What is Reasonable Accommodation Under the Americans with Disabilities Act?

What is Reasonable Accommodation Under the Americans with Disabilities Act

Under the Americans with Disabilities Act, employers are prohibited from engaging in workplace disability discrimination. They must also provide reasonable accommodations in order to allow disabled workers to do their jobs. The experienced employment law attorneys at Swartz Swidler regularly help people with ADA claims.

What’s a reasonable accommodation?

Reasonable accommodations are changes that are made to a job or workplace to help employees to complete their jobs despite their disabilities. Qualified employees who have disabilities must be accommodated if the accommodations would not cause undue hardships to the employers.

Negotiating accommodations

It is possible to negotiate an accommodation with your employer. You’ll want to think about potential accommodations and how effective they might be, the essential functions of the job and how long the accommodation would work before changes were required. Finally, you’ll want to document the availability and cost of the requested accommodations. Having this information gathered in advance might put you in a better position to negotiate with your employer for reasonable accommodations.

Undue hardship

Under the ADA, employers are not required to make accommodations that would cause them to suffer undue hardships, which are substantial expenses or difficulty. Employers have to show that the requested accommodation was too disruptive, extensive or costly to be implemented in the workplace. The EEOC has established some guidelines about the factors to consider for determining whether or not an accommodation causes an undue hardship. These include the cost and nature of the accommodation and the employer’s size and financial resources. Also considered are the business’s structure and composition as well as the costs of other already existing accommodations in the workplace. Financial difficulty alone is usually insufficient. Courts normally will look at other sources of income for the business when trying to determine if a requested accommodation is truly cost-prohibitive for a business.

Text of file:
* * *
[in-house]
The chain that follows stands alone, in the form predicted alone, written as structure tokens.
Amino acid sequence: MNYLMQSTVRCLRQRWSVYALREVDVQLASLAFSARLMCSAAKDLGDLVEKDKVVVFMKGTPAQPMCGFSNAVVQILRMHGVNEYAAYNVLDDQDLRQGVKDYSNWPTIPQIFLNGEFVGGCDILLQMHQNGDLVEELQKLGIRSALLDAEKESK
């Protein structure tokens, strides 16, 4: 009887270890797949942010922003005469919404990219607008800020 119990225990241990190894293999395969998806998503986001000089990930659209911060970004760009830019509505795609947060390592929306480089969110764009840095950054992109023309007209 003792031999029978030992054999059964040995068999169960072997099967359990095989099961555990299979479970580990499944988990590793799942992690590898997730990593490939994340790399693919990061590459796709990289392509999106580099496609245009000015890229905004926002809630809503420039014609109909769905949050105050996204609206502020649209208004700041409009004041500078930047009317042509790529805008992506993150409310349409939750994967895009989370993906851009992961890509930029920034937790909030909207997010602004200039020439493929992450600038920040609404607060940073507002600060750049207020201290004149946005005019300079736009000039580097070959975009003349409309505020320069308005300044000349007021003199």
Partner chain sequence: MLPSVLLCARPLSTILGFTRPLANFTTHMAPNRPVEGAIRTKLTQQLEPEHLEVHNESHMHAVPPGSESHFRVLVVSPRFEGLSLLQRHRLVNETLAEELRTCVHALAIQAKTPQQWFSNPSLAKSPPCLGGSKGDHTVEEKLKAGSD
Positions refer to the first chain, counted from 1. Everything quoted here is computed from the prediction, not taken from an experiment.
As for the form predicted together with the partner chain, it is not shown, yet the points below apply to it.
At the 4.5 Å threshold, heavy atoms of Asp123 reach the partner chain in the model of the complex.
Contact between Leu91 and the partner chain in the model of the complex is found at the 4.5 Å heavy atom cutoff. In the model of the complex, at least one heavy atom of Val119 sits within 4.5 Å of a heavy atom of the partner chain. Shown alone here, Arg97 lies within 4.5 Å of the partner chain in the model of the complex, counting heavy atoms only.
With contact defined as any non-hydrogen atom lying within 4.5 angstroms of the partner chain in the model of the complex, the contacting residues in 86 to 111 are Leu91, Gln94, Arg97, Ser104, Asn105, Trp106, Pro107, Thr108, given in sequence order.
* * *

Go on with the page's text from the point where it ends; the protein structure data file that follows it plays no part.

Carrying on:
Contact an attorney

If you have made a request for an accommodation for your disability and it was denied, you might want to talk to an experienced employment law attorney. Our lawyers may be able to help you to negotiate with your employer to secure the accommodation. If necessary, our attorneys may file a discrimination charge against your employer or a lawsuit in court. Contact Swartz Swidler to learn more.